For seventeen-year-old Fable, the daughter of the most powerful trader in the Narrows, the sea is the only home she has ever known. It’s been four years since the night she watched her mother drown during an unforgiving storm. The next day her father abandoned her on a legendary island filled with thieves and little food. To survive she must keep to herself, learn to trust no one, and rely on the unique skills her mother taught her.
I really like Fable’s character, though I feel she does need that little bit more growth and development. When we learn about her story and how she has had to stay alive for so long I definitely feel sympathy for her yet she does all the things she knows she shouldn’t do any has to flee from Jeval for her life. I am very curious about her powers and how her mother taught her, I wish we would have found out a bit more about that but hopefully in the next book all is revealed.
West is one of those broody male love interests in YA books that I just happen to love. He is rude and standoffish and lays down the law with Fable right from the start and yet he has a softer side that we learn about throughout the course of the plot that just makes you fall for him. He is very secretive and I am curious as to how he brokered the deal with Saint in the first place and what he will do next! The relationship did kind of feel a little rushed even though not a lot happens. There was a bit of tension between the two of them but not enough for me to quite believe the depth of their feelings.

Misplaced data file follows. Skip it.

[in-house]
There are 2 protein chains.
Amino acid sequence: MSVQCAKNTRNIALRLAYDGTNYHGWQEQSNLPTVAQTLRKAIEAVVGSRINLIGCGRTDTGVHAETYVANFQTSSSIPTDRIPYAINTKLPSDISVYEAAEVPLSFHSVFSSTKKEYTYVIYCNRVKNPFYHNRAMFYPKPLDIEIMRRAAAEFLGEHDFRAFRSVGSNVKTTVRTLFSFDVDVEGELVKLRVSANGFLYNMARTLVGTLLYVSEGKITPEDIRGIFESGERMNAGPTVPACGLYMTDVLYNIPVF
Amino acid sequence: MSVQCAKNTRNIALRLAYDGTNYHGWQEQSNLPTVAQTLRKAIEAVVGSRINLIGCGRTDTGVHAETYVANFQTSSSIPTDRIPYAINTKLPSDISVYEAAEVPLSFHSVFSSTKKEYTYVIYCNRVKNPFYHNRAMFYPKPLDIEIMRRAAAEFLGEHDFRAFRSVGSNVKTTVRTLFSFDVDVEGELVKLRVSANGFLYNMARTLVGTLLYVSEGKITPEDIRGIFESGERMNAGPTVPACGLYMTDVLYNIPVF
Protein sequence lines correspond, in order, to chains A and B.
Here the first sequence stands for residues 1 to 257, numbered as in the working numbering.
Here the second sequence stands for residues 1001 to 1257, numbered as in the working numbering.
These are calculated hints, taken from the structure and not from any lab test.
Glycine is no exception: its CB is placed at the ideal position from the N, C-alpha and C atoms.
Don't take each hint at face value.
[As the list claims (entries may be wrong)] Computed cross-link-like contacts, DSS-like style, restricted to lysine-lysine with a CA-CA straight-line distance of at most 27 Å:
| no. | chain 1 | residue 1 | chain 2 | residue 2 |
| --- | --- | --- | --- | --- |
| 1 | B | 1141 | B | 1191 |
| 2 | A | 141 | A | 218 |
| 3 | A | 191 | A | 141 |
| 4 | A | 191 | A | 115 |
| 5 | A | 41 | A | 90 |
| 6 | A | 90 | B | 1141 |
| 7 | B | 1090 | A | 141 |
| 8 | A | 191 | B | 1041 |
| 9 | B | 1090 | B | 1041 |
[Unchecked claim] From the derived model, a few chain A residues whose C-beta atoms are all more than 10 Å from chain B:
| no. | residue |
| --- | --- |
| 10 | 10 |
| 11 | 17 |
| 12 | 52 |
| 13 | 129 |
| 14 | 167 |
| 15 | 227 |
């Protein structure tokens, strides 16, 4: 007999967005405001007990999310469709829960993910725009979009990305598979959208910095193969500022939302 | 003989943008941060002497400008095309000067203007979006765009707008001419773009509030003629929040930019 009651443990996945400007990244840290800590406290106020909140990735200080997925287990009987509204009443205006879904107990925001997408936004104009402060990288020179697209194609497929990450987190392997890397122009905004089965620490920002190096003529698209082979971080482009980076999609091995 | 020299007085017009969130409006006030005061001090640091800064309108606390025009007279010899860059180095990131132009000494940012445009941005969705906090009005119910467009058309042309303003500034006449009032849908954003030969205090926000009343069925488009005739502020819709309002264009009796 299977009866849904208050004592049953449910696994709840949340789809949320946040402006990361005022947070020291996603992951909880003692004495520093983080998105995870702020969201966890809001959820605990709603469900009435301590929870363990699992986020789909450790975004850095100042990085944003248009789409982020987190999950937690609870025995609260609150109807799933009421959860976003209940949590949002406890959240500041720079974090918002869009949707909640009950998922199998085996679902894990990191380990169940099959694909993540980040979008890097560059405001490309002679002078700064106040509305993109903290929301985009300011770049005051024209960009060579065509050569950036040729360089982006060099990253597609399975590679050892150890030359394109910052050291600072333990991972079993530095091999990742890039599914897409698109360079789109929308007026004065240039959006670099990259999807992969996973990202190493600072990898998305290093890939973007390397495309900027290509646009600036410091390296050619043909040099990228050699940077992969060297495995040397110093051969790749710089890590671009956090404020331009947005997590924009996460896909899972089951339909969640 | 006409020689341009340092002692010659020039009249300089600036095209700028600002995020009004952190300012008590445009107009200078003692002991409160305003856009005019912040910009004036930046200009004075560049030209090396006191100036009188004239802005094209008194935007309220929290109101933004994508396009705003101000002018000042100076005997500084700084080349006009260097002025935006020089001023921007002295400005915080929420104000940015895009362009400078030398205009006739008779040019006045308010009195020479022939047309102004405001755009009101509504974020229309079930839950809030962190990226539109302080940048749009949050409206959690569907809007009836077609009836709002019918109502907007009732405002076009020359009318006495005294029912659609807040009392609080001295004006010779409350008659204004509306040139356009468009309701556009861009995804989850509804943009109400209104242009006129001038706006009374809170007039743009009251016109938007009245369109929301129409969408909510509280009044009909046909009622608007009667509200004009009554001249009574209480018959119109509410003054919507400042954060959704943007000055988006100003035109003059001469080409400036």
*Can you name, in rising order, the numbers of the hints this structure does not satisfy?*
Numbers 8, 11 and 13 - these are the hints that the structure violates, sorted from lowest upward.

I am very intrigued by the crew of the Marigold and how they all came together. West really seems to trust each of them with their lives and it is really shown in the plot. They were all so wary and untrusting of Fable at the start that I wonder how what happened with their previous dredger. I feel like they are so much more I want to learn about each of them and I really hope we delve more into their characters in the next book.
Overall I love the premise and tone of the story, it’s very cutthroat and unyielding. The stakes are continually raised and I was definitely reading with anticipation about what was going to happen next! There are still so many questions I have in regards to the world, the magic system and these characters and I am hopeful that the next book delivers!
⭐️4/5 stars I was taken on a journey and enjoyed every minute!